By: Laura Dassow Walls
280 pages, Illus
Ralph Waldo Emerson has traditionally been cast as a dreamer and a mystic, concerned with the ideals of transcendentalism rather than the realities of contemporary science and technology. In Laura Dassow Walls's view Emerson was a leader of the secular avant-garde in his day. He helped to establish science as the popular norm of truth in America and to modernize American popular thought. In addition, he became a hero to a post-Darwinian generation of Vicorian Dissenters, exemplifying the strong connection between transcendentalism and later nineteenth-century science.
While visiting the Paris Museum of Natural History during his first European tour, Emerson experienced a revelation so intense that he declared, "I will be a naturalist". Once he was back in the United States, his first step in realising this ambition was to deliver a series of lectures on natural science. These lectures formed the basis for his first publication, Nature (1836), and his writings ever after reflected his intense and continuing interest in science.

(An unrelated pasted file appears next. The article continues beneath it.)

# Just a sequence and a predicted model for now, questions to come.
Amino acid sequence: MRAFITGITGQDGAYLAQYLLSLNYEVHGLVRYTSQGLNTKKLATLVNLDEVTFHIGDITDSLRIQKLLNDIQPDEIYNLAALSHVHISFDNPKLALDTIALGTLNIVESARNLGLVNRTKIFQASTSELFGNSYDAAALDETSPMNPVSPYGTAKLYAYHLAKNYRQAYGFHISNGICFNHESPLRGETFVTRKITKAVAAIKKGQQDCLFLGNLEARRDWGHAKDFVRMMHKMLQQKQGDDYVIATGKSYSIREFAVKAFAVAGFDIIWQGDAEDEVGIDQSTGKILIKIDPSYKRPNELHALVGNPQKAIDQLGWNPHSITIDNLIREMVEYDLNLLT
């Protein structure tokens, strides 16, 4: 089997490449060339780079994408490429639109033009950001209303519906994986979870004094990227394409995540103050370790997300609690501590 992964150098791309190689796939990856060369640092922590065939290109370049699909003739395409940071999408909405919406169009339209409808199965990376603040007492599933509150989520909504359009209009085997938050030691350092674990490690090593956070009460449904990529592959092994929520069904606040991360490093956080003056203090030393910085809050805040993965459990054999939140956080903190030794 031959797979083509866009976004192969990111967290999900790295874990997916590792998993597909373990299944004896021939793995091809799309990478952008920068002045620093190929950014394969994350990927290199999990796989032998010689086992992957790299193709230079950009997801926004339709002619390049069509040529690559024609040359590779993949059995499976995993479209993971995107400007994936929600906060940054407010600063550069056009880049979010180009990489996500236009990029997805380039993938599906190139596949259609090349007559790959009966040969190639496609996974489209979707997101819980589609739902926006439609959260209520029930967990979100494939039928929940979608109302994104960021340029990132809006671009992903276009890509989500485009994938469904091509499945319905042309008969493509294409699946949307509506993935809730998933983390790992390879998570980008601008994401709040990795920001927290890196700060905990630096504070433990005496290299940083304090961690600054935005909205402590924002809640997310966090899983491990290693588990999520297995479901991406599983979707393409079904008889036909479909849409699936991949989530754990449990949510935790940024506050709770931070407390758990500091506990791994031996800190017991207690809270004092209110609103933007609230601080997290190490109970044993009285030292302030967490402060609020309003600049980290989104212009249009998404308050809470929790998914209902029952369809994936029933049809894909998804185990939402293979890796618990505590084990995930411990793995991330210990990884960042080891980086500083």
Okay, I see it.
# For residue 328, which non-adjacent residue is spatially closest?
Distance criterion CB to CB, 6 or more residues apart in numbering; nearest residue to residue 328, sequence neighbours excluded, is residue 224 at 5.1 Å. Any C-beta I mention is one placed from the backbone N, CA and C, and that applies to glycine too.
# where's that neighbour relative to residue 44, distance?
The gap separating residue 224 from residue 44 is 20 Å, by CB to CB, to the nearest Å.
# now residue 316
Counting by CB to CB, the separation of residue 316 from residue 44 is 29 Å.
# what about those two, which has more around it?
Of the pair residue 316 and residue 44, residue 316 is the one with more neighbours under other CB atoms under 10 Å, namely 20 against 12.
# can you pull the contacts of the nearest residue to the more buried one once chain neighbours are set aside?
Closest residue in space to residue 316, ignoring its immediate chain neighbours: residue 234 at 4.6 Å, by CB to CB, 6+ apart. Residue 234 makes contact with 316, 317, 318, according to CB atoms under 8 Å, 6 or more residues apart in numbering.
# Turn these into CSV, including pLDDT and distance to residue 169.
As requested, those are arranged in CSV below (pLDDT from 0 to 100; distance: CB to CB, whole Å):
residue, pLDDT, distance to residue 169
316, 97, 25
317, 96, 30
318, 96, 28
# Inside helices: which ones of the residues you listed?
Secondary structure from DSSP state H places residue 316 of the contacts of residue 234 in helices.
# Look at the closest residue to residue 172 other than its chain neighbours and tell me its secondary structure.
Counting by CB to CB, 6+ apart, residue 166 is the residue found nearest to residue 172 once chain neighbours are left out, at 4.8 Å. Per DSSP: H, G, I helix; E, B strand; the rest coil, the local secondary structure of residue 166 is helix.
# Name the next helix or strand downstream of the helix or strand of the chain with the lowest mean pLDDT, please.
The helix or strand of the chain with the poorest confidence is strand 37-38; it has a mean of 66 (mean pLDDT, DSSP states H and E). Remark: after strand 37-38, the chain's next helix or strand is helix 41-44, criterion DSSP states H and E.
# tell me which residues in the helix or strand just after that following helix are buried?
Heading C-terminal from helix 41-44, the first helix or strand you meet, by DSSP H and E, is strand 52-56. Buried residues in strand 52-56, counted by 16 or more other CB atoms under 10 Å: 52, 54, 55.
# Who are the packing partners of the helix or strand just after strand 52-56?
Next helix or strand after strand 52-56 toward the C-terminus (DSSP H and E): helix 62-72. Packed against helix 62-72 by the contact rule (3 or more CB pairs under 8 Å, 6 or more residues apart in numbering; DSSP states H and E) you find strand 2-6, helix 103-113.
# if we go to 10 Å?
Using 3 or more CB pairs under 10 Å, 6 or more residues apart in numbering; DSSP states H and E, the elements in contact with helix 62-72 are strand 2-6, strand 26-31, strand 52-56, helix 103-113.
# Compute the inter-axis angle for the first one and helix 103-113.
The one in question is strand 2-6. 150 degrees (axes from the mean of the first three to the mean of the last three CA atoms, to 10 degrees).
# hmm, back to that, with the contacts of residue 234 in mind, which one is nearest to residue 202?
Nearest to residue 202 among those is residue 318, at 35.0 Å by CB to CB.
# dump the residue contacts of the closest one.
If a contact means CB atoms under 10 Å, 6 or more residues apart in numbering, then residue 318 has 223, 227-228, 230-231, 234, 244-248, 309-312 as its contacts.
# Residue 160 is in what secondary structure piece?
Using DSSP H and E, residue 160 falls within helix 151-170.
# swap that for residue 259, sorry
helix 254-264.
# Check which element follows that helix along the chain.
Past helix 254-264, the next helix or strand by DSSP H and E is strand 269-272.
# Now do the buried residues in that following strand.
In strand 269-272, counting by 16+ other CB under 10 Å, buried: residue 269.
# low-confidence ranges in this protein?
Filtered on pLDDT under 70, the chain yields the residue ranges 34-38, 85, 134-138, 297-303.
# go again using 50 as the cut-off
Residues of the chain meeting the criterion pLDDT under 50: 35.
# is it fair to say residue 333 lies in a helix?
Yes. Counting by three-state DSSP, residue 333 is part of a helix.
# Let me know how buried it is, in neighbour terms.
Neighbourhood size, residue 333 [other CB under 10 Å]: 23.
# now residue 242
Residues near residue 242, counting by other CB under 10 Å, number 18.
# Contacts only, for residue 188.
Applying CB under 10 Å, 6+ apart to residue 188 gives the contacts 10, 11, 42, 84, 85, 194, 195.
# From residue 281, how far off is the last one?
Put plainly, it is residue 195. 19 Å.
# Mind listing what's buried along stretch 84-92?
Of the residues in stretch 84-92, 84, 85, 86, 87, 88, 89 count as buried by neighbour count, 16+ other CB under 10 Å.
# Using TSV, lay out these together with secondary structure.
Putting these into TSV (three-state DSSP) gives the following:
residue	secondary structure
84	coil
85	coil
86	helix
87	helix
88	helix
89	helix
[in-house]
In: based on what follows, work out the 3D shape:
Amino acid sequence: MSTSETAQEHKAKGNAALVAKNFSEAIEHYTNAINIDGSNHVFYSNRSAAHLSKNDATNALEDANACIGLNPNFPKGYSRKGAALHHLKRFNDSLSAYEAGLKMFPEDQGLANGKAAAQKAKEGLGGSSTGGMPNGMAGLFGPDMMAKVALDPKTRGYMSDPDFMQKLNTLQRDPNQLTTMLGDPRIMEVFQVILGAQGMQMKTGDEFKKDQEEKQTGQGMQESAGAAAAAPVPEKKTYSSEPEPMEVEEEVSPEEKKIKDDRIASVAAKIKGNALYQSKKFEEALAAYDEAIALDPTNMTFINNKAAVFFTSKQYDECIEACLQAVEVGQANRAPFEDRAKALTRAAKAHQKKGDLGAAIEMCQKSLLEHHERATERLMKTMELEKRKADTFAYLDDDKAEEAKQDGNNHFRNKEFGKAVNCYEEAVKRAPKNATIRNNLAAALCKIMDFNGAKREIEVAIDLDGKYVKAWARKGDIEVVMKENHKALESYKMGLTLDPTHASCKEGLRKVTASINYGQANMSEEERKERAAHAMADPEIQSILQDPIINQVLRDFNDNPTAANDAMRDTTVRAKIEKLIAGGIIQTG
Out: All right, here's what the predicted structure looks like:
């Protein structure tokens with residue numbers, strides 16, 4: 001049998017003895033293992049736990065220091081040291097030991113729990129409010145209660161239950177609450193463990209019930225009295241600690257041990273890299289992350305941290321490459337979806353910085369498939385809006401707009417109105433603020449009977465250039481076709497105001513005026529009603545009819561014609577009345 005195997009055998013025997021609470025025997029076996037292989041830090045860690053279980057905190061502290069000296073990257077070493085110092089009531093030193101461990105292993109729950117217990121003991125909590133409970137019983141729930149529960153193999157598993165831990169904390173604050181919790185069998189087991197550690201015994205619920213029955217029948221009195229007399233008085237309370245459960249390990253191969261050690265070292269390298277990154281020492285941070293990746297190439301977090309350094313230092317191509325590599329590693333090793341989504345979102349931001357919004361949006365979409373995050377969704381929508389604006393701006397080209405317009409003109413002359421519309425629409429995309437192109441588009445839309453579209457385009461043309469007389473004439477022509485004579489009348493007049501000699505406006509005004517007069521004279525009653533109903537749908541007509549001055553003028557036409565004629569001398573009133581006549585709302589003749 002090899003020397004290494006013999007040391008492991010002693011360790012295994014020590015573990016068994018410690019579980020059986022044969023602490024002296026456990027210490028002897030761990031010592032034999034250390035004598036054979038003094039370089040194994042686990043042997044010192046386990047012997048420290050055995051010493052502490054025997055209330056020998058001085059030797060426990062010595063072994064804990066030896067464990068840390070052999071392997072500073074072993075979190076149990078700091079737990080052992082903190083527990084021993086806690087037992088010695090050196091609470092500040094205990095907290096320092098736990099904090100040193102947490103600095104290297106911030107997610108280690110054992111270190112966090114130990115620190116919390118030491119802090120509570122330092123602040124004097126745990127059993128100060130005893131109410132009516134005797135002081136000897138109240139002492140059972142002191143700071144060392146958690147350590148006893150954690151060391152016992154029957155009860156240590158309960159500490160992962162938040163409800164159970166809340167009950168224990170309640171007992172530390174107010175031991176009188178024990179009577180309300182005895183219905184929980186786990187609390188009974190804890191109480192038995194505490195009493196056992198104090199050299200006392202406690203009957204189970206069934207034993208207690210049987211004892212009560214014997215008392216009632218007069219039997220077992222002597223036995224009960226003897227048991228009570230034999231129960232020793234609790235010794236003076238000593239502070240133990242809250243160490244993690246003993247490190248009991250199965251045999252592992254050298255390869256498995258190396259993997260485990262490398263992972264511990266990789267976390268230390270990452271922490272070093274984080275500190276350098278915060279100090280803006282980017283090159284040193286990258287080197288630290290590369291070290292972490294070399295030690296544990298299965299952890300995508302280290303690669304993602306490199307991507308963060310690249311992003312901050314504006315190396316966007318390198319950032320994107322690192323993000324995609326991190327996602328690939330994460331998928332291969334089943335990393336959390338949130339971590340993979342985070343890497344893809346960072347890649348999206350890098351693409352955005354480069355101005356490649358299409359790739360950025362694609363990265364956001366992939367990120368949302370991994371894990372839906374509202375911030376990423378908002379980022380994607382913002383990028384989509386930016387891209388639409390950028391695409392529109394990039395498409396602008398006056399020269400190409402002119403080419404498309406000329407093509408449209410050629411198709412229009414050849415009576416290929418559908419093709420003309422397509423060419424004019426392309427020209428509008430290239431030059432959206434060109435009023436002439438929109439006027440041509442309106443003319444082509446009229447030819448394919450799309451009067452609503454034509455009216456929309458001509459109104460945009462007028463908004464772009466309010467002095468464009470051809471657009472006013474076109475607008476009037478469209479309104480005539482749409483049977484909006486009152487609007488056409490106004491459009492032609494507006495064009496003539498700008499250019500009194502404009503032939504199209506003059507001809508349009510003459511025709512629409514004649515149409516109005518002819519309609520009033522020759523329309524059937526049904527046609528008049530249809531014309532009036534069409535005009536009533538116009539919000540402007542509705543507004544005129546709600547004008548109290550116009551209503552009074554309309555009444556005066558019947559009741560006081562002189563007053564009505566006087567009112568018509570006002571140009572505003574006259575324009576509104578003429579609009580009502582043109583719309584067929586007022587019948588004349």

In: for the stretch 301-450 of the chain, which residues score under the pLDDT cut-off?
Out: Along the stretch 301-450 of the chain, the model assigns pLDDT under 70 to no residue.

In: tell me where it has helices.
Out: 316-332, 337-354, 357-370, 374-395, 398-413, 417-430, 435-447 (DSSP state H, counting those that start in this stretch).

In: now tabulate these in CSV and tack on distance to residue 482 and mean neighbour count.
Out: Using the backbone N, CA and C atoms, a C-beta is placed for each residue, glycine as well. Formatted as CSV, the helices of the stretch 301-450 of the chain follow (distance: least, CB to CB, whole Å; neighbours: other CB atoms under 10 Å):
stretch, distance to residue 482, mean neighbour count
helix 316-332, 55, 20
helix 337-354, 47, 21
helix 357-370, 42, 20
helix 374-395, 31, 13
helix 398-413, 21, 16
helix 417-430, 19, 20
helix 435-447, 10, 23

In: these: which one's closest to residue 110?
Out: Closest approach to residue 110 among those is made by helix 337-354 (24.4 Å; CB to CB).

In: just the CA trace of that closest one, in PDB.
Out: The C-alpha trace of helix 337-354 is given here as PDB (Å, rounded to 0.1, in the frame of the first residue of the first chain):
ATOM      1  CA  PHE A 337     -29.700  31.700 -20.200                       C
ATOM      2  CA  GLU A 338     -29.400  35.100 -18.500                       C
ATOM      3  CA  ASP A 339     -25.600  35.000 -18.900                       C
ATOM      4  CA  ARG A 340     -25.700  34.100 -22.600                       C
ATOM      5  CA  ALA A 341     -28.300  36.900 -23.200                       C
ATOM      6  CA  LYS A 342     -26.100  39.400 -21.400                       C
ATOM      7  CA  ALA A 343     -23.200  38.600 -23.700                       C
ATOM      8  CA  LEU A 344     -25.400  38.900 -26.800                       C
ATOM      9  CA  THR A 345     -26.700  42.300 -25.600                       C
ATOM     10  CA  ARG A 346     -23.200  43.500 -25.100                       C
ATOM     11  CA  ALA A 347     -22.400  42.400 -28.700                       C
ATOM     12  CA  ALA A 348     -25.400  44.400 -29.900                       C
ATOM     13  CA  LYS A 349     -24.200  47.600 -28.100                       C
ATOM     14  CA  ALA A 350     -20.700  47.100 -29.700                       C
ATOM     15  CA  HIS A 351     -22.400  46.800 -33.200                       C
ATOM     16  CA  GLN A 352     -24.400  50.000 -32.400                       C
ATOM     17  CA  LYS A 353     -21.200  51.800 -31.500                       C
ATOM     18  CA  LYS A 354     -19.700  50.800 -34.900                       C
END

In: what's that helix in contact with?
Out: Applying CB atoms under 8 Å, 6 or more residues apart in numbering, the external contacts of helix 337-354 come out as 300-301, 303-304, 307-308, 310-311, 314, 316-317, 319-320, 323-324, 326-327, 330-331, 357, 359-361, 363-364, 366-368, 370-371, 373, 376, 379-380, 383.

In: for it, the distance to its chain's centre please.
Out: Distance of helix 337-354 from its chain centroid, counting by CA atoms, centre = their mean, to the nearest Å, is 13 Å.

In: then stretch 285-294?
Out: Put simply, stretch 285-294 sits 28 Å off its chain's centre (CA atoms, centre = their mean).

There are currently no reviews for this product. Be the first to review this product!
Your orders support book donation projects
I don't know how you got a book printed 26 years ago in the conditions that I received it (like new) but you do it! ABSOLUTELY AWESOME!
Search and browse over 110,000 wildlife and science products
Multi-currency. Secure worldwide shipping
Wildlife, science and conservation since 1985